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Washington Is Now A 'Walldogs' Mural Community

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Tim Shelley / Peoria Public Radio
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The Walldogs work on their mural tribute to Washington founder William Holland on the north side of the Brunks building at Main and Zinser on Friday, July 10, 2020.

Washington is now a Walldogs mural community.
The Washington Historical Society commissioned the internationally-known collective of sign and mural painters to create a tribute to city founder William Holland off the historic square ahead of the city's bicentennial celebration in 2025.

The Walldogs travel to small towns across America, hosting festivals and painting murals. Jay Allen is a project coordinator for the Walldogs.

He said the group only visits cities with populations under 25,000 people. That includes many rural towns, or in Washington's case, smaller communities outside larger metropolitan areas like Peoria.
 
"It's difficult to get people to venture out of those," Allen said. "Give them something in the public art realm that's attractive and in this particular case, we also struck on the notion that we're telling a particular community's history."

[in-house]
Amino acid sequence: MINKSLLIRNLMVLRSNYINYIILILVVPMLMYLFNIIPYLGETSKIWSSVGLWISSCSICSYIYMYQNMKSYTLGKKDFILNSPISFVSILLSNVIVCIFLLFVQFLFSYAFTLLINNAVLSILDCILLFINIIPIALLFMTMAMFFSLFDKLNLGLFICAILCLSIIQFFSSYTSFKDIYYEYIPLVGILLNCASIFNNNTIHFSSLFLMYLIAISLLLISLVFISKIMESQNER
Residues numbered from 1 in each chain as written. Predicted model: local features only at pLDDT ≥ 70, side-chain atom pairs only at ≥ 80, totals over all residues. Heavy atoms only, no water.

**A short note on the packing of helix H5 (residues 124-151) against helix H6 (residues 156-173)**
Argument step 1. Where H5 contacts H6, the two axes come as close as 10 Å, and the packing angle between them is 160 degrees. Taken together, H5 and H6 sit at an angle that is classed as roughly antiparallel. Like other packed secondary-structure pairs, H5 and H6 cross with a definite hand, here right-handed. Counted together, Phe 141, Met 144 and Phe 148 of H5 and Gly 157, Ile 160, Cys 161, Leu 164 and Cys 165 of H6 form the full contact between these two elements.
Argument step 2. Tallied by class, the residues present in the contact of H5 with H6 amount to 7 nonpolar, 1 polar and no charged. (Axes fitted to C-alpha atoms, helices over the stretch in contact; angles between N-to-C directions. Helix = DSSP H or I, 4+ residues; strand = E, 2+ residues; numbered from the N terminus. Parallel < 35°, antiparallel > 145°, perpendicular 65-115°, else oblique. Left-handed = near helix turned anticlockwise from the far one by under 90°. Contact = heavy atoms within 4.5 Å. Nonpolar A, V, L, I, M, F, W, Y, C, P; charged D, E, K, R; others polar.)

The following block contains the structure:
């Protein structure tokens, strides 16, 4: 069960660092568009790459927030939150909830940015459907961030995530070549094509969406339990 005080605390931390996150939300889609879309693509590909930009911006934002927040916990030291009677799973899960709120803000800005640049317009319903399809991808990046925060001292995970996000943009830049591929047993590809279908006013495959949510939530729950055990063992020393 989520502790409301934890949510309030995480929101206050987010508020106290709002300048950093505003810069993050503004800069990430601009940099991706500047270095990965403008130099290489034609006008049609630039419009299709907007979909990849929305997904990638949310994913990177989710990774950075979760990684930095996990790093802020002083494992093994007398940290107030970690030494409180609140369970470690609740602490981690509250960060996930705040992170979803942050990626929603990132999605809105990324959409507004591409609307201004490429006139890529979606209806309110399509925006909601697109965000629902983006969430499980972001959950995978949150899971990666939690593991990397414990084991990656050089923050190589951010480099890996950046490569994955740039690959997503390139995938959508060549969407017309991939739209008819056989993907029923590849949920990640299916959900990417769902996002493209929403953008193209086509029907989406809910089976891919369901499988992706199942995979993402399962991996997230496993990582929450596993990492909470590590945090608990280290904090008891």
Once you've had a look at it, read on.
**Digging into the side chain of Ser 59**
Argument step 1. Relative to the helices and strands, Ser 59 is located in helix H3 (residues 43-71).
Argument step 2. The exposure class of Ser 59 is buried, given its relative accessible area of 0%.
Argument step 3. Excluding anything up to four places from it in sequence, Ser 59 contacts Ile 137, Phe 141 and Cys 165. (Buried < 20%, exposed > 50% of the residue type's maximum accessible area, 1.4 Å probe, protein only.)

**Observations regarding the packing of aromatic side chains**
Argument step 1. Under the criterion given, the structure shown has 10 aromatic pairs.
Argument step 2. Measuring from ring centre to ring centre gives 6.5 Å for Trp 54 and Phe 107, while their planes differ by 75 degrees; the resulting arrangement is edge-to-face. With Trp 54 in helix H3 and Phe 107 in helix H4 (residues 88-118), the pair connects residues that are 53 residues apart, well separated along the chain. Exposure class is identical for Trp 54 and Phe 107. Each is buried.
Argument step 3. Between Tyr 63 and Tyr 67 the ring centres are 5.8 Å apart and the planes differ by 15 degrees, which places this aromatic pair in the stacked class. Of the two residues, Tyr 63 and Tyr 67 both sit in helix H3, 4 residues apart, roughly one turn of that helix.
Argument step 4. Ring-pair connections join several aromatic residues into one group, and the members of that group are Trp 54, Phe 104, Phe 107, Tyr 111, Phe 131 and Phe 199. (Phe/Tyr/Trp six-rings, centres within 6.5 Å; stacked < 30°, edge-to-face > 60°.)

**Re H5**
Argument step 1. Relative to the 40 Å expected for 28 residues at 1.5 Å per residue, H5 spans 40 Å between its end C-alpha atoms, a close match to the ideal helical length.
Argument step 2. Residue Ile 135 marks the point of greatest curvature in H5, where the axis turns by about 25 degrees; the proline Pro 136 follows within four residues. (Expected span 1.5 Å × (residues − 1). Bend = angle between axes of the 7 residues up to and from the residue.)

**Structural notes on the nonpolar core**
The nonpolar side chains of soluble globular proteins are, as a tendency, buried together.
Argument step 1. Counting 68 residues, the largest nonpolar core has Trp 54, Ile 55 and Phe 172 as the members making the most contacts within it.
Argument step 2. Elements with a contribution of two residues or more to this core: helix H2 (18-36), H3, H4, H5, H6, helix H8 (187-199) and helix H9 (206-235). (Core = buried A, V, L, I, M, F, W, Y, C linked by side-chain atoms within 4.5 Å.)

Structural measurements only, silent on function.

The Walldogs mural was commissioned for the side of the Brunks building off the Washington square by the city's Historical Society.

Melissa Heil is executive director of the Washington Historical Society.

"We're able to give this beautiful gift back to Washington. And it's a gift that's not temporary. It's going to be there for 10 to 20 years, at least," Heil said. "And it's a beautiful piece of art, yes, but it's also kind of going to be a lesson in Washington's history."

The public is invited this weekend to watch the Walldogs complete their mural on the side of the Brunks building at Main and Zinser from a safe social distance.

Allen said it's not uncommon for people to come out and watch the Walldogs at work. The group has painted more than 300 murals in Illinois, and more than 600 overall, said Allen, including 10 in his native Belvidere, near Rockford.

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